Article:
We've gotten a lot of email in reaction to the first issue of ARCHITECT. We've followed the threads on websites and blogs like www.apartmenttherapy.com, www.archinect.com, www.archnewspaper.com, www.mediabistro.com, Slate, and our own www.architectmagazine.com. And I must say we're pleased at the quantity and quality of the commentary.
Not that it's been a love-fest. Some readers seem off-put by the emphasis on people. It's an unusual approach for architecture magazines; our covers and coverage of individuals are going to take some getting used to. But given the nature of the comments about the cover of the first issue, I'd like to clarify our motives. We're not, as some have speculated, trying to perpetuate the culture of celebrity. We're trying to foster a sense of community. How many readers would have recognized Ross Wimer, a very talented and thoughtful architect, until he appeared in ARCHITECT?
So are we trying to mint new celebrities instead? No. We're trying to make connections among interesting and interested people—a mission that we believe has value, given the frantic pace and global scope of contemporary practice. Try to think of ARCHITECT as a convention in print, with an open invitation to meet the keynote.
This month, we'd like you to meet Blaine Brownell (“Material Witness”). With two blogs, a weekly subscription email, and a book, Transmaterial, Brownell identifies products that make a difference—aesthetically, environmentally, socially, and, yes, structurally. He's a one-man show, helping restore materials to the stature they enjoyed during the heyday of modernism—a time when they weren't just an afterthought, a necessary evil, but an integral part of the discipline of architecture. If you don't already subscribe to Brownell's email, Product of the Week, you should. Visit transstudio.com/tm/. There's no fee.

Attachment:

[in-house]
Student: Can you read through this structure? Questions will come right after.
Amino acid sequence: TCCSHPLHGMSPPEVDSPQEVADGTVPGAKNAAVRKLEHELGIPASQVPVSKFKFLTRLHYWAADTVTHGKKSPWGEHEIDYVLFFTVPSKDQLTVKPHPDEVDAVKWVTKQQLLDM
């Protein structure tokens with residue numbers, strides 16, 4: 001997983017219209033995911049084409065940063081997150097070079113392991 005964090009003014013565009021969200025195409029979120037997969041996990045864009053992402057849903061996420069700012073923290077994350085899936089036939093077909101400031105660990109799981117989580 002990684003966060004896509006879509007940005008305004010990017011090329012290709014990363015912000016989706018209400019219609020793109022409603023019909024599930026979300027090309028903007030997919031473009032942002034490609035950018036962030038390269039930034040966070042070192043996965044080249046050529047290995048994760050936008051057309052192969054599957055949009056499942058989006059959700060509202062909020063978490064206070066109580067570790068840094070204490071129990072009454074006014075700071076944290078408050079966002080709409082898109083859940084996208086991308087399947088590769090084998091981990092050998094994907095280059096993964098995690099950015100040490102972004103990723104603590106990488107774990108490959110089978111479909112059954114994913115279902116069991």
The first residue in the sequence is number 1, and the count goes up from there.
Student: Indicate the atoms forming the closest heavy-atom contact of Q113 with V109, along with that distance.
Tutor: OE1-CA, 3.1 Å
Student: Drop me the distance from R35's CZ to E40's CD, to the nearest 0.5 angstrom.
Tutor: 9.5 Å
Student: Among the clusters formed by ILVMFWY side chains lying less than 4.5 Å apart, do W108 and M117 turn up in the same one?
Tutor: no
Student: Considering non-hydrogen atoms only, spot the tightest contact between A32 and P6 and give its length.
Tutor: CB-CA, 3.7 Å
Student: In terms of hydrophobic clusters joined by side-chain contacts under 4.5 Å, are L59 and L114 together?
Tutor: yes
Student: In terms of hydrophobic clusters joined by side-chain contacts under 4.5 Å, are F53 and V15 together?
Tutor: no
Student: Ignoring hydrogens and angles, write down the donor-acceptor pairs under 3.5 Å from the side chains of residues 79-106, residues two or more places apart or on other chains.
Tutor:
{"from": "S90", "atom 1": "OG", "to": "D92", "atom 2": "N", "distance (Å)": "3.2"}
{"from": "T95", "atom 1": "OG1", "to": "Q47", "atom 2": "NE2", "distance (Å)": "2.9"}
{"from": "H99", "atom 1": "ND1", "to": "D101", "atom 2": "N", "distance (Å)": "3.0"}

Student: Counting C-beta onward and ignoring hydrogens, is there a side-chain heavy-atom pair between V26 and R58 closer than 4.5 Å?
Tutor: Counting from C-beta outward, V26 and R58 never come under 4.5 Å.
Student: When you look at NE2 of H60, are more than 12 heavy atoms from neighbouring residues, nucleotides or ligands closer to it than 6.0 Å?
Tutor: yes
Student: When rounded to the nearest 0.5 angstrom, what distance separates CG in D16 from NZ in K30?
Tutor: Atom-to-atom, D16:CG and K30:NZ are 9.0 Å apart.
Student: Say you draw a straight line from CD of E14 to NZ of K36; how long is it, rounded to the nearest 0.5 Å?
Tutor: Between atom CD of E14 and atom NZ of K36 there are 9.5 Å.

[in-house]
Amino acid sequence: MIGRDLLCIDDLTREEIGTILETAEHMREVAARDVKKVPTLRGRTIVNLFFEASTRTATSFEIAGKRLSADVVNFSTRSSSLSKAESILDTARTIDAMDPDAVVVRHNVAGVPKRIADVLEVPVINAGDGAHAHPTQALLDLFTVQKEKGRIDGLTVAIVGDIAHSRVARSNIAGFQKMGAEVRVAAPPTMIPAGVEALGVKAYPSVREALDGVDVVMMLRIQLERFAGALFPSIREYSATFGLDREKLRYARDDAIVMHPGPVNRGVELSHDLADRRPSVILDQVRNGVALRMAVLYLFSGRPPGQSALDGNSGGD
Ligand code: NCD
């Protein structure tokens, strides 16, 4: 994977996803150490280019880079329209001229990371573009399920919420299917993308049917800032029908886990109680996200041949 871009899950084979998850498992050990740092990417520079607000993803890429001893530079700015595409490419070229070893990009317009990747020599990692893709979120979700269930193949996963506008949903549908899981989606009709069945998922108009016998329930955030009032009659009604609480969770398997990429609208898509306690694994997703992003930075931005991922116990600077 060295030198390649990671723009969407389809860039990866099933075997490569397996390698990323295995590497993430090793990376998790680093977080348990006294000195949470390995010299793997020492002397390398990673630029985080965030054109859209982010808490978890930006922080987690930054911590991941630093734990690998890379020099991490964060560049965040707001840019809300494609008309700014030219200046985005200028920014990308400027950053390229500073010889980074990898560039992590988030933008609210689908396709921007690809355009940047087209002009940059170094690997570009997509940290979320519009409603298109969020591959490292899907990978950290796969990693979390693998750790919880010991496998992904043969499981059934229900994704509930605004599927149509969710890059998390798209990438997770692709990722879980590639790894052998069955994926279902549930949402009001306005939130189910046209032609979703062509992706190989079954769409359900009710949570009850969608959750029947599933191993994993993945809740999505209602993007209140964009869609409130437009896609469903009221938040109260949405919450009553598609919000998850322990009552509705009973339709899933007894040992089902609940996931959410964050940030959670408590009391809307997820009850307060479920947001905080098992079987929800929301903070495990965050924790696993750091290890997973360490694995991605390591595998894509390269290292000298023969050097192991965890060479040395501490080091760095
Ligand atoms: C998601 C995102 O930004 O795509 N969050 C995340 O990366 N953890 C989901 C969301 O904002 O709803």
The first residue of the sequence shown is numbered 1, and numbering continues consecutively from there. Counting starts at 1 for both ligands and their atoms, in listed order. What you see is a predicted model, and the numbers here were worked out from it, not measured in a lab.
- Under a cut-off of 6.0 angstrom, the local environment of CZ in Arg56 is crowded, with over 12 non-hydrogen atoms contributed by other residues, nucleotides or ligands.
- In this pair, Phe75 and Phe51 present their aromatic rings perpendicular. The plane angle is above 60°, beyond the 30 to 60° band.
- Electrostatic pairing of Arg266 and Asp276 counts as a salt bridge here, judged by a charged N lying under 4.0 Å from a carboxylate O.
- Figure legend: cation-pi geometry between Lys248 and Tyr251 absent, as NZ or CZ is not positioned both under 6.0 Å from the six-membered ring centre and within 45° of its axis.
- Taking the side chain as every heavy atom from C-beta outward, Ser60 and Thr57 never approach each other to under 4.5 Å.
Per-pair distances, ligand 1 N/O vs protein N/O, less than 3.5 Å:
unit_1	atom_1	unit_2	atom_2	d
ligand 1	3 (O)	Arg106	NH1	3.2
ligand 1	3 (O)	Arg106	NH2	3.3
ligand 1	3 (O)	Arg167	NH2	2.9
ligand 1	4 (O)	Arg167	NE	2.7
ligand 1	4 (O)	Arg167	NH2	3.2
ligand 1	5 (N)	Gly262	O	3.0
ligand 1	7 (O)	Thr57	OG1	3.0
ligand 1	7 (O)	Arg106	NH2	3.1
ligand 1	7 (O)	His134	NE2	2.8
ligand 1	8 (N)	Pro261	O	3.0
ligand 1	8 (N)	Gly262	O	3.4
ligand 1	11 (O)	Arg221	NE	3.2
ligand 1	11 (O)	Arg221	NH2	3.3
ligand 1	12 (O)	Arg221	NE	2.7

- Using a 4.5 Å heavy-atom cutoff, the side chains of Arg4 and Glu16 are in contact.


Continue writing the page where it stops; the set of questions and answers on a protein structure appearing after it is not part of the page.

Readers do seem to appreciate the first issue's focus on process—on technology and business—and we're going to keep delivering. Witness, in this issue, the 12-page feature on Valerio Dewalt Train Associates' super-green headquarters for the Kresge Foundation (“Transparent Technology”). Architect Joe Valerio has shared a wealth of proprietary drawings and data to help explain the processes and technologies behind his design.
Indeed, all the features in this issue of architect address in some fashion the question of sustainability: Joel Sternfeld's remarkable essay on the history of America's Utopian communities (“Sweet Earth”); Linda Hales' report on a lost project by Louis Comfort Tiffany, the father of organic design (page 108); and Bradford McKee's investigation into the uncertain future of Washington, D.C.'s only building by Mies van der Rohe. We hope you like what you see, and read.
Please keep the comments coming—positive or negative, we learn from them all. The making of a magazine is an evolutionary process. I'd be foolish to promise that everything in ARCHITECT will be to everyone's taste, but hopefully each issue will offer something of use.